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Starry Messenger

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Name: Decline to State
Gender: Female
Hometown: Sacramento, CA
Home country: USA
Current location: Left Coast
Member since: Sat Apr 9, 2005, 08:01 PM
Number of posts: 32,339

About Me

Artist, high school teacher and "hard-liner" (yet to be defined).

Journal Archives

Lots of concern around about Greece possibly abandoning austerity

The victory of Syriza seems to have caused latter-day austerions to emerge from the woodwork again.

I am by no means an economist, but someone who reads. Last year there were a series of strong articles on the falsity of austerity as a way to recover a nation's economic health. I'll post some links here for anyone who needs them handy.



Herndon, who did his undergraduate study at Evergreen State College, first started looking into Reinhart and Rogoff's work as part of an assignment for an econometrics course that involved replicating the data work behind a well-known study. Herndon chose Reinhart and Rogoff's 2010 paper, "Growth in a Time of Debt," in part, because it has been one of the most politically influential economic papers of the last decade. It claims, among other things, that countries whose debt exceeds 90 percent of their annual GDP experience slower growth than countries with lower debt loads — a figure that has been cited by people like Paul Ryan and Tim Geithner to justify slashing government spending and implementing other austerity measures on struggling economies.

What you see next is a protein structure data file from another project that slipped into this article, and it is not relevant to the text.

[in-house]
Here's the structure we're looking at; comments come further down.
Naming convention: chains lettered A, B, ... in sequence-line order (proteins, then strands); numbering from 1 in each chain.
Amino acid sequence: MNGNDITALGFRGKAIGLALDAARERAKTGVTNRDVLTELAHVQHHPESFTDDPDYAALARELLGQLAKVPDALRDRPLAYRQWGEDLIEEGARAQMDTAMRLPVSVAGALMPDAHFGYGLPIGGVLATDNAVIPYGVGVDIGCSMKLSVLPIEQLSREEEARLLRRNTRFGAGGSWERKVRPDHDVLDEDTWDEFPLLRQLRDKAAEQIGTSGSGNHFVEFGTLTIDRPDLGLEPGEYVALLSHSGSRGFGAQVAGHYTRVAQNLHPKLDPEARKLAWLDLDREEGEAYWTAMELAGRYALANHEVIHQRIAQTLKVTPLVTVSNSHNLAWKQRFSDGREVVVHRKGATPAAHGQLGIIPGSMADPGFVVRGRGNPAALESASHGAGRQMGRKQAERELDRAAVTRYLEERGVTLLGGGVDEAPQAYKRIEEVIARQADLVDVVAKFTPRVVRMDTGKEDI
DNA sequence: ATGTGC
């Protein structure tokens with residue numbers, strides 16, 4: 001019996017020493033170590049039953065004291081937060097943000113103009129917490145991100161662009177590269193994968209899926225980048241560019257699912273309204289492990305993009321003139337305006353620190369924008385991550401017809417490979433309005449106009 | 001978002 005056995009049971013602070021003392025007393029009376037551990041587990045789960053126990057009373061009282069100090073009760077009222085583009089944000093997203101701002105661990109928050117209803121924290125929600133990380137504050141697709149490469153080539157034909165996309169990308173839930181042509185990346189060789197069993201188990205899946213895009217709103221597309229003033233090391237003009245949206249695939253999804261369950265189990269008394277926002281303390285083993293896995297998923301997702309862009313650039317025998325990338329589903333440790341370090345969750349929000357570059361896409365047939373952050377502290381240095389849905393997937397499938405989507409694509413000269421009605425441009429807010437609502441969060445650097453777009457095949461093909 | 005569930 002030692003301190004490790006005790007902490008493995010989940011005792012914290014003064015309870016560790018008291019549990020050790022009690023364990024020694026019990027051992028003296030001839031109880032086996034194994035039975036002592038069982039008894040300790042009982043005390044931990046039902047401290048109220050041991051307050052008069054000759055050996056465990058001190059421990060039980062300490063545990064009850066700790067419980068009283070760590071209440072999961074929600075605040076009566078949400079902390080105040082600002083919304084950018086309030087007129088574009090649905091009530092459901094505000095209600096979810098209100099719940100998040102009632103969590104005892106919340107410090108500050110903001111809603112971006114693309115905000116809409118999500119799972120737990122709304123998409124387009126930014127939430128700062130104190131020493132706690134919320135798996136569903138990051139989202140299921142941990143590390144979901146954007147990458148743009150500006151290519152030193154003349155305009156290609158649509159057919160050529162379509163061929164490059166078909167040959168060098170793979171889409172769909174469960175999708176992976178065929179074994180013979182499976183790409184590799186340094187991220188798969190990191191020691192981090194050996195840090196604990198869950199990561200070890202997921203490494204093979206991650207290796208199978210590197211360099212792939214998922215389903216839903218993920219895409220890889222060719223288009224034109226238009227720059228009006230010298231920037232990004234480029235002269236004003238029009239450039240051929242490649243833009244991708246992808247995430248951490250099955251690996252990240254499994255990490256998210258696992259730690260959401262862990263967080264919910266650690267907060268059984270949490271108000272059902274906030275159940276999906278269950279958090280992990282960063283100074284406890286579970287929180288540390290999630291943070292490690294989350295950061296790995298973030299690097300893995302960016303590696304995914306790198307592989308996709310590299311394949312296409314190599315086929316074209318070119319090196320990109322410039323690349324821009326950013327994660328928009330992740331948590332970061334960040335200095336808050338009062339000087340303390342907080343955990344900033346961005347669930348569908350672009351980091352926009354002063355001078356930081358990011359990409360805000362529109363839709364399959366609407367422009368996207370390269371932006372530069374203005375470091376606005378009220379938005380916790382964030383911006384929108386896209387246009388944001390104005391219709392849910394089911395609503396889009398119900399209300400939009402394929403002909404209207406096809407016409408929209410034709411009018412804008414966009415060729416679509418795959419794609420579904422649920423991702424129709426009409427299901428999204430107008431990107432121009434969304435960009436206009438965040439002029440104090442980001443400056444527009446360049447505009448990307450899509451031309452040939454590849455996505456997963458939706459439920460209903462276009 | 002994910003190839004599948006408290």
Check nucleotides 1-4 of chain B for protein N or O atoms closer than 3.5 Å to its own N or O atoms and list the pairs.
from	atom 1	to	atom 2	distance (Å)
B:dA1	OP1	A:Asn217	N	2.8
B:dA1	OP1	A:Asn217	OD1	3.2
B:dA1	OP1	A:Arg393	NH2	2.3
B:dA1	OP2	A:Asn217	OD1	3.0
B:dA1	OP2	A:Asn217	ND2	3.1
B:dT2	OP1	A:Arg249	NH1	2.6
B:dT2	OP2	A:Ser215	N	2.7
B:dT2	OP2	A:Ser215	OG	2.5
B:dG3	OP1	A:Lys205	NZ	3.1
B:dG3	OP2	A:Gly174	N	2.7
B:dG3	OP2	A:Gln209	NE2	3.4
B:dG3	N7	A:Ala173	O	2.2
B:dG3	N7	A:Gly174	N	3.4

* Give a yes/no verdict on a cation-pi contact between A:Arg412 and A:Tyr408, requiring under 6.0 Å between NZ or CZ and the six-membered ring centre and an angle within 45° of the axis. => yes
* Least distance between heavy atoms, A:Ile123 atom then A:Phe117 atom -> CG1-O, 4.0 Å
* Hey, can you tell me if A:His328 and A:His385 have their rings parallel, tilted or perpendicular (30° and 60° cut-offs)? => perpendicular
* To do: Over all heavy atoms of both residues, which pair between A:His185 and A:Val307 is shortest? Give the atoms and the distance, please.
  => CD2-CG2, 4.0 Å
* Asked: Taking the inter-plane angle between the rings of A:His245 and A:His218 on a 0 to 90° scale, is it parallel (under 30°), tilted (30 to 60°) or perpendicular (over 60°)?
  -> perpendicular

Herndon pulled up an Excel spreadsheet containing Reinhart's data and quickly spotted something that looked odd.

"I clicked on cell L51, and saw that they had only averaged rows 30 through 44, instead of rows 30 through 49."

What Herndon had discovered was that by making a sloppy computing error, Reinhart and Rogoff had forgotten to include a critical piece of data about countries with high debt-to-GDP ratios that would have affected their overall calculations. They had also excluded data from Canada, New Zealand, and Australia — all countries that experienced solid growth during periods of high debt and would thus undercut their thesis that high debt forestalls growth.


After consulting his professors, Herndon signed two of them — Pollin and department chair Michael Ash — on as co-authors, and the three of them quickly put together a paper outlining their findings. The paper cut to the core of a debate that has been dividing economists and politicians for decades. Fans of austerity believe that governments should cut spending in order to grow their economies, while anti-austerians believe that government spending in times of economic duress can create growth and reduce unemployment, even if it increases debt in the short term. What Herndon et al. were claiming, in essence, was that the pro-austerity movement was relying on bogus information.




Additionally, Herndon also uncovered a transcription error with Spain’s average GDP growth. In one of Reinhart and Rogoff’s tables, Spain’s average GDP growth was entered at 2.8% instead of 2.2%. Two other samples showed five countries–Australia, Austria, Belgium, Denmark, and Canada–were removed, adding to the amount of computational errors in the Harvard report.

Herndon concluded, “Contrary to RR, average GDP growth at public debt/GDP ratios over 90 percent is not dramatically different than when debt/GDP ratios are lower.”